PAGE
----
Commuting is a paradox. You are together with hundreds of people and, most of the times, you are alone. It’s the time of the day in which you are immersed and overwhelmed by personal thoughts. The kids at school, the meeting at the office, the exam at the university, the match at the stadium. The list could last endlessly.
It is also the time in which I like to observe the people around me, their behaviour, their gestures, their way to talk or their clothes. In a city with more than eight hundred thousands of people, the chance to see something new every morning is so easy that it is really difficult to find common patterns. Me and my roommate Francesco already found one, but it is not so politically correct to be told on these pages.
Eventually, I tried to categorise the people that I meet every morning around 8am and every afternoon around 5:30pm on the line 51 of the GVB metro. Trying to survive a ride with thousands people within a 2-wagon vehicle in the rush hours, I made a short list of six different profiles that you will surely notice, in case you are traveling with the GVB metro.
The Last Minute Friends
It is more likely to meet them in stations like Centraal or Waterlooplein, where you need to validate your OV-Chipkaart to pass through the gates. They are there, close to the gate, waiting for you, inspecting the floor or the ceiling. They seem to be uninterested to the surrounding world, but they are there just for you. And as you validate your OV-Chipkaart, they make an athletic jump behind you and, wearing a shameless smile, they pass by the gate with nonchalance. In the end, you have to be as much cold as possible to avoid disappointment for their lack of gratitude.
If you leave a piece of bread in the garden, a herd of ants will be assaulting it after a while. The same happens with this category, but all they are hunting for is a sliding door. It doesn’t matter if in the corridors between the sliding doors there will be space for parking a Boing 767. They will mill around the sliding doors, because of reasons. I thought that it is some natural instinct that lead them to fight for the first place in the going-out-of-the-metro race. And the sliding door is the prey. If it is something different from this, I gently ask at any psychologist reading this post to give me a proper reason.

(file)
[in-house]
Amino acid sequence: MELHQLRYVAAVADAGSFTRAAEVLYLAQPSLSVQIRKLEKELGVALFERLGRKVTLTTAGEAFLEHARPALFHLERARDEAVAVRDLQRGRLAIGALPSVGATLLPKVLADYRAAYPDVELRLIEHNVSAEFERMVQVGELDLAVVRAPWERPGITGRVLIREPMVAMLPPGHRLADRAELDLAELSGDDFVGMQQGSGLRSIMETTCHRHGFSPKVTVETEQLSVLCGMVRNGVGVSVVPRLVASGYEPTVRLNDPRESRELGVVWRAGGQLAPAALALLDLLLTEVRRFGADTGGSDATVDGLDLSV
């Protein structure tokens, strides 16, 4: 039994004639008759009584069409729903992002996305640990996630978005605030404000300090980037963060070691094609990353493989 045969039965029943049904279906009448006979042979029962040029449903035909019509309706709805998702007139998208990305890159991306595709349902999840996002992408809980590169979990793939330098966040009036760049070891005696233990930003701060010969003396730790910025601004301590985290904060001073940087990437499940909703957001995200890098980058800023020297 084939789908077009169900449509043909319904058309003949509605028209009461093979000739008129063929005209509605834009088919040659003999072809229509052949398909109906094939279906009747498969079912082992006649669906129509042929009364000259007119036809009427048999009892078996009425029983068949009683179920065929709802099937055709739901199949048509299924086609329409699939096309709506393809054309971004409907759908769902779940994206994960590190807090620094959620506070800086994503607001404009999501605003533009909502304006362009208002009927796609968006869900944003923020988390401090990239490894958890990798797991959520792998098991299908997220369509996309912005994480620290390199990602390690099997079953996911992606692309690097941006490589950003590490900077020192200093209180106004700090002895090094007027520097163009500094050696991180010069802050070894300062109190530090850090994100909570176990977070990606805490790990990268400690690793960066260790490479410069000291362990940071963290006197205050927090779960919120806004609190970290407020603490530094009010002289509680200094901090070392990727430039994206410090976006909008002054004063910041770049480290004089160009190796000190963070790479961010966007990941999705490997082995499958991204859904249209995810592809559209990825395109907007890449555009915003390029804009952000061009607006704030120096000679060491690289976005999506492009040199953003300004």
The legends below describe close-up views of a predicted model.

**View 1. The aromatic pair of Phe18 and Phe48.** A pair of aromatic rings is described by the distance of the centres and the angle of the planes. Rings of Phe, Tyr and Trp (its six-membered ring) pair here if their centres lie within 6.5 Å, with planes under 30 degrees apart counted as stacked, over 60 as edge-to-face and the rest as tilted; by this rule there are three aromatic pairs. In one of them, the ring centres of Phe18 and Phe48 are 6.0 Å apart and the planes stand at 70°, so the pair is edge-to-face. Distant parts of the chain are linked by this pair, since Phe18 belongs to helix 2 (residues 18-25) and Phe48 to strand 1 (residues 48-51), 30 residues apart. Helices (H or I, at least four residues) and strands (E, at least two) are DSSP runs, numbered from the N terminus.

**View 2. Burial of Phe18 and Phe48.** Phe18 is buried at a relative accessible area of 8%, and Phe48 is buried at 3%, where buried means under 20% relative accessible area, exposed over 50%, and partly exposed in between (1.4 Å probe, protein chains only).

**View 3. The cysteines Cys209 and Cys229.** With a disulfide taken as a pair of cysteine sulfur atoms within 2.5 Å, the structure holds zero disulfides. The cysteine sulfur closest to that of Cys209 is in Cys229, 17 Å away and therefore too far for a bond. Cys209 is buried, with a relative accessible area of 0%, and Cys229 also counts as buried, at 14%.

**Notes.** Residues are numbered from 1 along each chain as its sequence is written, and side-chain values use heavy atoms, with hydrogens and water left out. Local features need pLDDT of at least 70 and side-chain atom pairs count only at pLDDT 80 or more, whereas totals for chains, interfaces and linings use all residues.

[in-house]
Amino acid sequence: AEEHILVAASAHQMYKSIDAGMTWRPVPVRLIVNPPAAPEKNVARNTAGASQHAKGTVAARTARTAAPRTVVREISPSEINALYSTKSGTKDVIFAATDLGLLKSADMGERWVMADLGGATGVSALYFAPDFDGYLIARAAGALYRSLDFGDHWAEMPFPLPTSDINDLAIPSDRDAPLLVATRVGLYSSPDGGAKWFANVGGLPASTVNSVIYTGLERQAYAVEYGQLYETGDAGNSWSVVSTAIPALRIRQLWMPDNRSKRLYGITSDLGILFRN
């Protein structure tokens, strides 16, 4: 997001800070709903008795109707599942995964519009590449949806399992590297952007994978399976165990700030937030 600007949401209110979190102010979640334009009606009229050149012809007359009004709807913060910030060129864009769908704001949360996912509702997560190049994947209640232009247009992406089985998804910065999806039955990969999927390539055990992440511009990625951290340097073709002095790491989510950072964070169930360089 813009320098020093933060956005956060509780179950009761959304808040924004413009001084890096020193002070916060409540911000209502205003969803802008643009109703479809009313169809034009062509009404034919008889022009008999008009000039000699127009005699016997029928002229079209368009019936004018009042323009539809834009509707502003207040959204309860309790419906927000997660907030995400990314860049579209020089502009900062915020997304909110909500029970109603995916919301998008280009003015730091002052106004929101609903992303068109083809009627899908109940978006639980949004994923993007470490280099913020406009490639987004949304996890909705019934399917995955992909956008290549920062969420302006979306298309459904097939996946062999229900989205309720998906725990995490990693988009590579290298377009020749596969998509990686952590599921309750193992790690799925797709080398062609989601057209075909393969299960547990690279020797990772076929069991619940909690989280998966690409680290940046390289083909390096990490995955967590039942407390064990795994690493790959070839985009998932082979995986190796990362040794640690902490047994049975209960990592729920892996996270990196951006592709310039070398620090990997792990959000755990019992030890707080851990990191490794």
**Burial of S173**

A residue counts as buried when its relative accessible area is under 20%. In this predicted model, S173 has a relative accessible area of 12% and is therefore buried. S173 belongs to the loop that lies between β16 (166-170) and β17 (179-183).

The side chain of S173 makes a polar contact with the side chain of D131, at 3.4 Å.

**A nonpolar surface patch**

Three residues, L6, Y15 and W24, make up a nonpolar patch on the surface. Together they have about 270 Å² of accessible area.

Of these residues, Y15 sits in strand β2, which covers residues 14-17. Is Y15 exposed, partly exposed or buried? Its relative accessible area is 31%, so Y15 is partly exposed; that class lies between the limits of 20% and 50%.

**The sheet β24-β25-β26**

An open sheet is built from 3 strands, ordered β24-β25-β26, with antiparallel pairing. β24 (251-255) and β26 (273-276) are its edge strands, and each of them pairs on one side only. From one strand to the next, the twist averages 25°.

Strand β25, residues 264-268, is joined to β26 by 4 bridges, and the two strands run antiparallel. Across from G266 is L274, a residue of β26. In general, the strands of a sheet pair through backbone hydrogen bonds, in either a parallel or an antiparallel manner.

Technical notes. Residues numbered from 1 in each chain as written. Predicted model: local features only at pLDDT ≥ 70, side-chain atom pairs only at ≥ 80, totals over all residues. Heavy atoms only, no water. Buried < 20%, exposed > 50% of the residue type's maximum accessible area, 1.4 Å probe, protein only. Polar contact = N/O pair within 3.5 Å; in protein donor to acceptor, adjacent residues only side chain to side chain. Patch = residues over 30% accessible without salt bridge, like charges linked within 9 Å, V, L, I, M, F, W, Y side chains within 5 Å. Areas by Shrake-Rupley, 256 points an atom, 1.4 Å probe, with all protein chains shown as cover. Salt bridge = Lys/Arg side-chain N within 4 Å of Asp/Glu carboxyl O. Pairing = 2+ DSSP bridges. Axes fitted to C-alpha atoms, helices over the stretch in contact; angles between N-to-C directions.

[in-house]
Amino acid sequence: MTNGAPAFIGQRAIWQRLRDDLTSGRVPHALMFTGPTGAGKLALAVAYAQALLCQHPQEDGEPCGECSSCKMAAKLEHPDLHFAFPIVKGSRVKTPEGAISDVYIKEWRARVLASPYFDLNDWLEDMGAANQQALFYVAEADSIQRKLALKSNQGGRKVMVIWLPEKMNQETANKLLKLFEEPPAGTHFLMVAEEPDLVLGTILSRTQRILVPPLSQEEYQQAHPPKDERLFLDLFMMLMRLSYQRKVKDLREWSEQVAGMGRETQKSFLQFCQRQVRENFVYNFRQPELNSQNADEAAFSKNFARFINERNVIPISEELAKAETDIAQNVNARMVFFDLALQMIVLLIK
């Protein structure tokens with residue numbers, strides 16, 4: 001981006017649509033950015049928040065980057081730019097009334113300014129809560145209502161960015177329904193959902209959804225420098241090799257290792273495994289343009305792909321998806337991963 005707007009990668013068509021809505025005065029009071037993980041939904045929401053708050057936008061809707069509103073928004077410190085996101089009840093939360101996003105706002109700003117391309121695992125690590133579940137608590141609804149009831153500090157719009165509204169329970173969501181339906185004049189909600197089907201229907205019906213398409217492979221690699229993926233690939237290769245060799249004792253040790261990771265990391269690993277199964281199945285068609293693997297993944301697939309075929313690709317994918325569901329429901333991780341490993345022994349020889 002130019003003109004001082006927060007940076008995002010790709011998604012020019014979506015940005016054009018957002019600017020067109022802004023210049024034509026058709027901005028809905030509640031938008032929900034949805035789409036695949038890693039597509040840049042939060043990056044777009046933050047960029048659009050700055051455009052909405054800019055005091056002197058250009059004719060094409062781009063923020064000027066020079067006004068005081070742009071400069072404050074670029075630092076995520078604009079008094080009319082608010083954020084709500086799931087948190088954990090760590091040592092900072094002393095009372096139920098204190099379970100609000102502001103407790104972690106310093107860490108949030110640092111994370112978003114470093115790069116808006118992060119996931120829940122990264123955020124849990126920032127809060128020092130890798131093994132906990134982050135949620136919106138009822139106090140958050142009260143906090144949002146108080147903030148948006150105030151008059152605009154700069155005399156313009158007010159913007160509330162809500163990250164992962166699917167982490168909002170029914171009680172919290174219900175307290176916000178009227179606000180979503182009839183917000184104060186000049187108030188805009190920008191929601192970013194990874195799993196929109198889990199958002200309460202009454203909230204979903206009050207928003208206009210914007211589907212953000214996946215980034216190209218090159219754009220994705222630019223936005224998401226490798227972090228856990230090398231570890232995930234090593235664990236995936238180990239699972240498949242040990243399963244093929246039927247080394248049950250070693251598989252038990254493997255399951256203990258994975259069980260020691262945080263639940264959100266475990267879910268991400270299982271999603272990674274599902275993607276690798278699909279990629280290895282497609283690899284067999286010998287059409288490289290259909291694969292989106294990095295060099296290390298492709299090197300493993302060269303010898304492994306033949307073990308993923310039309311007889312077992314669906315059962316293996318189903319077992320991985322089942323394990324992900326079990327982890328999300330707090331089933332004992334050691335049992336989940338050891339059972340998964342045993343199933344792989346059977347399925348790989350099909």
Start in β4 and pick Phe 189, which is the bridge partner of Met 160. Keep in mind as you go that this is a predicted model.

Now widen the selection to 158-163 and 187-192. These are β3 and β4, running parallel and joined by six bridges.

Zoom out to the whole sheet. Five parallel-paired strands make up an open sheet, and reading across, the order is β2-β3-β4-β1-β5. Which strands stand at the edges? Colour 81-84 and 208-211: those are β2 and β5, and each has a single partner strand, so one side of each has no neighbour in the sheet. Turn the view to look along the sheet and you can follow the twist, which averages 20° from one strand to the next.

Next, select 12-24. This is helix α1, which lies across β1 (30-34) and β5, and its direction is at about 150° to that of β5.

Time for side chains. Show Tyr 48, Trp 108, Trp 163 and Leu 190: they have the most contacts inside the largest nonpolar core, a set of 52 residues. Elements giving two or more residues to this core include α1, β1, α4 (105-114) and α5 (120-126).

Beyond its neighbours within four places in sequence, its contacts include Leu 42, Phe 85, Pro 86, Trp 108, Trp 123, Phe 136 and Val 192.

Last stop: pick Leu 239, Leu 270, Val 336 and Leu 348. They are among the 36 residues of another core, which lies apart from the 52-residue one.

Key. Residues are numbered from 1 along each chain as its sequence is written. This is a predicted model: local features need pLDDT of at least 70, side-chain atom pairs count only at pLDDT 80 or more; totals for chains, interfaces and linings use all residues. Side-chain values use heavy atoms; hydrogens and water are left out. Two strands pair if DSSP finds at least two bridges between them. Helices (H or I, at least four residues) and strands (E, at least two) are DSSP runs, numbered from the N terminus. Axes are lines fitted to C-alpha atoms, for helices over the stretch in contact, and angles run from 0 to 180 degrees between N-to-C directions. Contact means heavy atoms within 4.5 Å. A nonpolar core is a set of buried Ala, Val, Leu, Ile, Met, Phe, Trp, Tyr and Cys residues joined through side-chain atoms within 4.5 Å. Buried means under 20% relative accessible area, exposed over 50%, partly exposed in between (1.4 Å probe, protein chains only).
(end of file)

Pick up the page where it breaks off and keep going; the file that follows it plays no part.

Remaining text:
The Digital Natives
The setting is easy to be described. Outside, the World War III. Atomic bombs are exploding everywhere. In the meantime, a virus is spreading around, which is more than lethal if mixed with nuclear radiations. This combination generates monsters that are coming out from the tunnels, biting and infecting people everywhere. A storm of acid rain starts to cover the city and melting down bridges. Cars are smashing against the wagons. Fire is almost at every corner of the subway. Nevertheless, the Digital Natives won’t give up checking their smartphones and posting on Facebook about the apocalypse all around.
The Imaginary Friends
They occupy the seat close to the window. They are looking outside, smoking joints, drinking beers and watching porn on a black iPad. They are enjoying their lives everywhere they go. They usually smell, but some of them can wear a wonderful fragrance that you will hardly forget. They sing out loud the songs coming out of the stereo they are holding on their legs. They dance like butterflies but careful to do not lose the seat. You wish to see them, but you don’t. Because the person sitting close to them, on the corridor side, cover them with a special cape, which makes them invisible and you unable to sit there.
The Golden Boys
8:24am. GVB played the usual joke of providing a 2-wagon vehicle during rush hours. People become sardines, metro becomes a can. “That was probably all that was available during that time.”, they will apologize. At every stop, new sardines want to get into the can. They have jobs, classes, exams, matches. They are all going to do something important, so they need to get into the can. What they don’t know is that they have to face some sardines that are smarter than others. Yes, because some sardines require more volume than others. They wear backpacks in which they carry useful small stuff like the Sacred Graal, the paperback edition of the three books of the Lord of the Rings, a television, the complete collection of Bee Gees vinyls and their mother’s laundry. Yes, I know, that space would be useful for another sardine to join the can, but, you know, they can’t get rid of their important load.
You think it is over, but it’s not over. You finally reached your stop. The only final gap between you and your destination is the sliding door. You also managed to make a way through the Ants. The loudspeakers announce your stop. You wear your best smile. And there the war begins. They show up in front of you, on the platform. You feel like wave them way with your firing whip and your hot breath but you can’t. They stand there, yelling at you. “You – shall – not – pass!”. Therefore, you remember that your bike got a flat tire, your boyfriend cheated on you, your boss wants to fire you, or you missed the lottery first prize for a number. That will be the moment when your shoulder will avenge you, remembering to those standing in front of you that it would be nice to let the vehicle be empty before they will get on it.